Now With More Than 3000 Reviews! Go Nuts - Read 'Em All!!

WELCOME! Use the search engines on this site (or your own off-site engine of choice) to gain easy access to the complete MAKSQUIBS Archive; over 2500 posts and counting. (New posts added every day or so.)

You can check on all our titles by typing the Title, Director, Actor or 'Keyword' of your choice in the Search Engine of your choice (include the phrase MAKSQUIBS) or just use the BLOGGER Search Box at the top left corner of the page.

Feel free to place comments directly on any of the film posts and to test your film knowledge with the CONTESTS scattered here & there. (Hey! No Googling allowed. They're pretty easy.)

Send E-mails to MAKSQUIBS@yahoo.com . (Let us know if the TRANSLATE WIDGET works!) Or use the Profile Page or Comments link for contact.

Thanks for stopping by.

Tuesday, March 8, 2011

UNCERTAIN GLORY (1944)

With news on the war rapidly improving, Errol Flynn was able to turn out the most sober, least rah-rah-rah of his WWII vehicles. Joe May, an exiled helmer from UFA, probably came up with the gimmicky story of a career criminal in France who escapes the guillotine when an RAF bombing raid destroys his prison. He’s soon re-arrested by Inspector Paul Lukas, but on the way back they run into their new destiny: 100 Frenchman are to be executed unless a resistance saboteur is found. Flynn is going to die anyway; why not die for something? Or is this just another scam? The part is a perfect match for Flynn while Lukas manages the almost impossible job of making the longshot dramatic possibilities play out in believable fashion. Helmer Raoul Walsh shows he’s just as assured handling the story’s philosophical trimmings as he is with more action-oriented assignments though a dud ingenue defeats his best efforts. The film gathers impressive emotional power as it plays out and if it’s less ambitious or provocative than HANGMEN ALSO DIE/’43, a Fritz Lang/Bertold Brecht film with similar elements, it’s a lot less choppy.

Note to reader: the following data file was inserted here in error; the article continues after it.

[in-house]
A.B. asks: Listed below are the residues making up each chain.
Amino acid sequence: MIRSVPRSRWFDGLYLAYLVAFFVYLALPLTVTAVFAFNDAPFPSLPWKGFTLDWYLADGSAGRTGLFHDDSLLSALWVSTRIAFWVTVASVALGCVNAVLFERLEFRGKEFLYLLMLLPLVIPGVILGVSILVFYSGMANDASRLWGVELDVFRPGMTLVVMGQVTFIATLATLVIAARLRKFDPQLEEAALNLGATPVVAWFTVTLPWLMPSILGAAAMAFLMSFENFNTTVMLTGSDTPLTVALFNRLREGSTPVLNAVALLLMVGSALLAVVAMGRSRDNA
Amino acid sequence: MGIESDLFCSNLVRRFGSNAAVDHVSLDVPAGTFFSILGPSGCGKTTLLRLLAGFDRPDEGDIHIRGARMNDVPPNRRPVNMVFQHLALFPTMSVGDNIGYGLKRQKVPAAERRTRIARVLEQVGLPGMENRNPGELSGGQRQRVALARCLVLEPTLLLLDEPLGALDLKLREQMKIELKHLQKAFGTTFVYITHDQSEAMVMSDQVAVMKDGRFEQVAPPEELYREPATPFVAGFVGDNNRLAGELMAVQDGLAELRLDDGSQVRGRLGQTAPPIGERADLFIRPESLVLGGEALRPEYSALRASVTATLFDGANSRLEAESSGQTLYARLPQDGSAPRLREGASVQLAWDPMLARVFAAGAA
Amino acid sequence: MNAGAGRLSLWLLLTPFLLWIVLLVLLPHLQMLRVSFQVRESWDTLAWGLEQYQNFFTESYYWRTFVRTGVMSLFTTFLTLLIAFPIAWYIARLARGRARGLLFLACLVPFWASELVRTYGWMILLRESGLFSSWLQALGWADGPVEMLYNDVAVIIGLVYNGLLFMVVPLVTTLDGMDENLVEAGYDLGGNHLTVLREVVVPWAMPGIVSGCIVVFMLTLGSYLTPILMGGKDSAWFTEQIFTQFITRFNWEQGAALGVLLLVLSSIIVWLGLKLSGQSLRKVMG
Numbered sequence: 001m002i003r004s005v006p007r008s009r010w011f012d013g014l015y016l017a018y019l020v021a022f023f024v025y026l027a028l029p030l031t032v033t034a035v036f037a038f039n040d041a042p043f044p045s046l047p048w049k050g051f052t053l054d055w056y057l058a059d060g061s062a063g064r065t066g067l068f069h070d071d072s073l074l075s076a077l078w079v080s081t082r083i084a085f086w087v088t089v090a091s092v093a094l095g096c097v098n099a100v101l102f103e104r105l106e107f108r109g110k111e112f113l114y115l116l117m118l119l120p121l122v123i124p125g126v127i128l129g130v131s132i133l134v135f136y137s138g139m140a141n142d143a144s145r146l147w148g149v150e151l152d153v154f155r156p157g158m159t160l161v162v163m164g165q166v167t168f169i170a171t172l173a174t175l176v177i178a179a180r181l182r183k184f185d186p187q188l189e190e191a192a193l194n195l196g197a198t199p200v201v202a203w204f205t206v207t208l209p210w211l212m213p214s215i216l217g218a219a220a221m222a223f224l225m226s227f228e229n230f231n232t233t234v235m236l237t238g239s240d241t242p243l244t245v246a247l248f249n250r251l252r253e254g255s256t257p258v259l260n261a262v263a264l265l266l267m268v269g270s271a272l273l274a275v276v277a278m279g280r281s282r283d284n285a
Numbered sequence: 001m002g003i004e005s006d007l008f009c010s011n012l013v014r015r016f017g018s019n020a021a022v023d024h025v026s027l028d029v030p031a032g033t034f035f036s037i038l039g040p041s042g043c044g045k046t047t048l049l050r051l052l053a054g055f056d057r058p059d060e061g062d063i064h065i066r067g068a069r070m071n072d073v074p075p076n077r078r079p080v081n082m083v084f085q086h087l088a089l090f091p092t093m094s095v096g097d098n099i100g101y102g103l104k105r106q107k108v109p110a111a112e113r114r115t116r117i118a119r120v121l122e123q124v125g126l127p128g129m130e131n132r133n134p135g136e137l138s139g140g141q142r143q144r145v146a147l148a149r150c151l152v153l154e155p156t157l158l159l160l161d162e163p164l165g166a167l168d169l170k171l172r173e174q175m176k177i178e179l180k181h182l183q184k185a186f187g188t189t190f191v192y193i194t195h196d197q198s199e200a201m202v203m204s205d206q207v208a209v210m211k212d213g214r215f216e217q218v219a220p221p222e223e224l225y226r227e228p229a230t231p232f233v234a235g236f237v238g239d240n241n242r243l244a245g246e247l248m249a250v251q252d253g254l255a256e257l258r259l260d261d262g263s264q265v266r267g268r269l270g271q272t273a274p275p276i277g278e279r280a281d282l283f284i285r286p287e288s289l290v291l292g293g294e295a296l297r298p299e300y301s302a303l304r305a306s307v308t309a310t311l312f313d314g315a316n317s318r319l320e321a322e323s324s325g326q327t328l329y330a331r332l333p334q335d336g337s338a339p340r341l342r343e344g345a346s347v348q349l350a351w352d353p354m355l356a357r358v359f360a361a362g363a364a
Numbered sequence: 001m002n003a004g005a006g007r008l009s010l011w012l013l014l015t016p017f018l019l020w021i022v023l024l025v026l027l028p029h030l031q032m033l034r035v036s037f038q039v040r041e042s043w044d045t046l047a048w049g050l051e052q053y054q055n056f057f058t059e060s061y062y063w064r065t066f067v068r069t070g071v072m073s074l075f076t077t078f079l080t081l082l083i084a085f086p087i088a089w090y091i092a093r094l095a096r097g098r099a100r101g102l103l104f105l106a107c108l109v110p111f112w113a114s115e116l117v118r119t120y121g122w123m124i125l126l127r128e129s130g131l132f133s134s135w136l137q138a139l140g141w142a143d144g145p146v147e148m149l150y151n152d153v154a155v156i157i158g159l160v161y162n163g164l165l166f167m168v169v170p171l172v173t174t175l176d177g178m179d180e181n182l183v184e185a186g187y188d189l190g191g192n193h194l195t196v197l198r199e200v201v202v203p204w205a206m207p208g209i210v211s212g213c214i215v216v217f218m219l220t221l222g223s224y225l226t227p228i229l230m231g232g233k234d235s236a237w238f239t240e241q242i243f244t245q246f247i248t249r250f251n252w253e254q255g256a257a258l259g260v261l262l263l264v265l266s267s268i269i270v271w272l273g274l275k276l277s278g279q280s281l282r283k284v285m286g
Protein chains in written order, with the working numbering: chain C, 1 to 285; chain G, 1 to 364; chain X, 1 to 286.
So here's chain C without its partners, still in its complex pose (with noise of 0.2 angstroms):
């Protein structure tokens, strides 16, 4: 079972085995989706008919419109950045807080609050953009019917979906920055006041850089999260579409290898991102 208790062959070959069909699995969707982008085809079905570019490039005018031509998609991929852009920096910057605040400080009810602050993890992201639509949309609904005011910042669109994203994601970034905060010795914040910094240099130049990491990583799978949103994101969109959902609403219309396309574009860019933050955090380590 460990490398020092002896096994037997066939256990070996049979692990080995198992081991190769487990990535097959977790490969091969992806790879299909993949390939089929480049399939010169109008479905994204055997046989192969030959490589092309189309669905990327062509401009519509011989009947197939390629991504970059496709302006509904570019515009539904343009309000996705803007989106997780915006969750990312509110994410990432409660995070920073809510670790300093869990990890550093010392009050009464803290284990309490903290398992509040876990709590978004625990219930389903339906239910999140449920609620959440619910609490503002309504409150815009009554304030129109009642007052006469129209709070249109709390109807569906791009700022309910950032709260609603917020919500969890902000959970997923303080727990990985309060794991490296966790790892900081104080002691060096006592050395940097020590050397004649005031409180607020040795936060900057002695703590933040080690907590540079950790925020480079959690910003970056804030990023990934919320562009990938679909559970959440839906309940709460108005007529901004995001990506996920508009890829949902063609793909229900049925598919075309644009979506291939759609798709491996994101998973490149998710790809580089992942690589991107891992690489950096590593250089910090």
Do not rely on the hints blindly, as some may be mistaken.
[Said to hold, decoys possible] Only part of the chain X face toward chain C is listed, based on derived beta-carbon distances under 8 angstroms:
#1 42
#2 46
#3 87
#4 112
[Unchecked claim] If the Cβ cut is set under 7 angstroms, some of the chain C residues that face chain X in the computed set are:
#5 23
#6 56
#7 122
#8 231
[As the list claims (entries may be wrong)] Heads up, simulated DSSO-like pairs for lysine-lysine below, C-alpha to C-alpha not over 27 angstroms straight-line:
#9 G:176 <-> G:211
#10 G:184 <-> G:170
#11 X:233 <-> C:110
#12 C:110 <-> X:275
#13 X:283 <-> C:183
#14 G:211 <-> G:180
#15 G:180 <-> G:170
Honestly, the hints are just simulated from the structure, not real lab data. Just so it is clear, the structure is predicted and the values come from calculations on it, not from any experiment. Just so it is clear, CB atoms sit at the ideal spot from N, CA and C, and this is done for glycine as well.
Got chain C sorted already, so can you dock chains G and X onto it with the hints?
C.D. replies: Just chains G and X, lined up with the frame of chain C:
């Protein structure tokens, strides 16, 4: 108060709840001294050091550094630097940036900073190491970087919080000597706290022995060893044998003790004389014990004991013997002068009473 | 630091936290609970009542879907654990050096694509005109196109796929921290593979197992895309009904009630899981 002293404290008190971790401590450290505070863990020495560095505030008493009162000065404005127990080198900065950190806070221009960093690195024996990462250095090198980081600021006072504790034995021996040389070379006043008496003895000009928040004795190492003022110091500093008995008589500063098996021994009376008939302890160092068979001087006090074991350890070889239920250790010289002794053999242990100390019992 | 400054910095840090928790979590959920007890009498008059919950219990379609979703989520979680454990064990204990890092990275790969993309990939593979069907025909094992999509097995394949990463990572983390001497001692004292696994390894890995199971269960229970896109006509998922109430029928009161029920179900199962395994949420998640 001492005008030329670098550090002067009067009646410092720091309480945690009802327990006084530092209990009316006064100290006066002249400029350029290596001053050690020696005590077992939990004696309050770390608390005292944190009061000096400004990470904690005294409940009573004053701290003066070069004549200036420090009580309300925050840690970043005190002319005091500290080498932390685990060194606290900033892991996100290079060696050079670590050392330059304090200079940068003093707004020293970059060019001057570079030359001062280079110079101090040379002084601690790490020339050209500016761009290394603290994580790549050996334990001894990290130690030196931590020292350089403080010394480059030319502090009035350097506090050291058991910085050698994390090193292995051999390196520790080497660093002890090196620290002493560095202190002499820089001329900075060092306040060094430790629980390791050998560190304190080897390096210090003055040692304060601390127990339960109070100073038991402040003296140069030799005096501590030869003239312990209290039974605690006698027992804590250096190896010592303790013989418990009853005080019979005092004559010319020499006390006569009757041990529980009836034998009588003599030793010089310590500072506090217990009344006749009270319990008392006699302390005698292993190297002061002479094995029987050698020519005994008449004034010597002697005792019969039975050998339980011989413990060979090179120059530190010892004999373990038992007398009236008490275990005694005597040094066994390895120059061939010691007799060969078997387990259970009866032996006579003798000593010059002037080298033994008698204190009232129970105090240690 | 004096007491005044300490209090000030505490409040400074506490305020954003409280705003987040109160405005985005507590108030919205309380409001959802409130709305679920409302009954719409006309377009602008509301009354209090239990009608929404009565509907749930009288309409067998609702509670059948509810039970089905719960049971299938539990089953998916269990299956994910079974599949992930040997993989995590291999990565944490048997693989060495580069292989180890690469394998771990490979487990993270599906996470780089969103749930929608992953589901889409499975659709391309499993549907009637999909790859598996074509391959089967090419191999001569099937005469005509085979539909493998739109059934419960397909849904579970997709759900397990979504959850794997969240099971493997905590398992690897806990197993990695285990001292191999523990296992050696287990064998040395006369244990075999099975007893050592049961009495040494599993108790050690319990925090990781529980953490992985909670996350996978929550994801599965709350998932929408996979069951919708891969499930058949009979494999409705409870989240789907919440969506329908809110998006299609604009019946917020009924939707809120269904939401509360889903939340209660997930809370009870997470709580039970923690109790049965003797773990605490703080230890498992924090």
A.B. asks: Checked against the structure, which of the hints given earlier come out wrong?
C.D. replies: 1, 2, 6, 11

NOTE: Be sure to watch the two classic WWII-themed Looney Tunes included: Frank Tashlin’s BROTHER BRAT with its striking Rosie the Riveter prologue; and Bob Clampett’s RUSSIAN RHAPSODY with all those ‘Gremlins from the Kremlin’ attacking Hitler on a bomb run. (Most of those gremlins are caricatures of the animation staff, plus one proto-Tweetie Pie.)

No comments: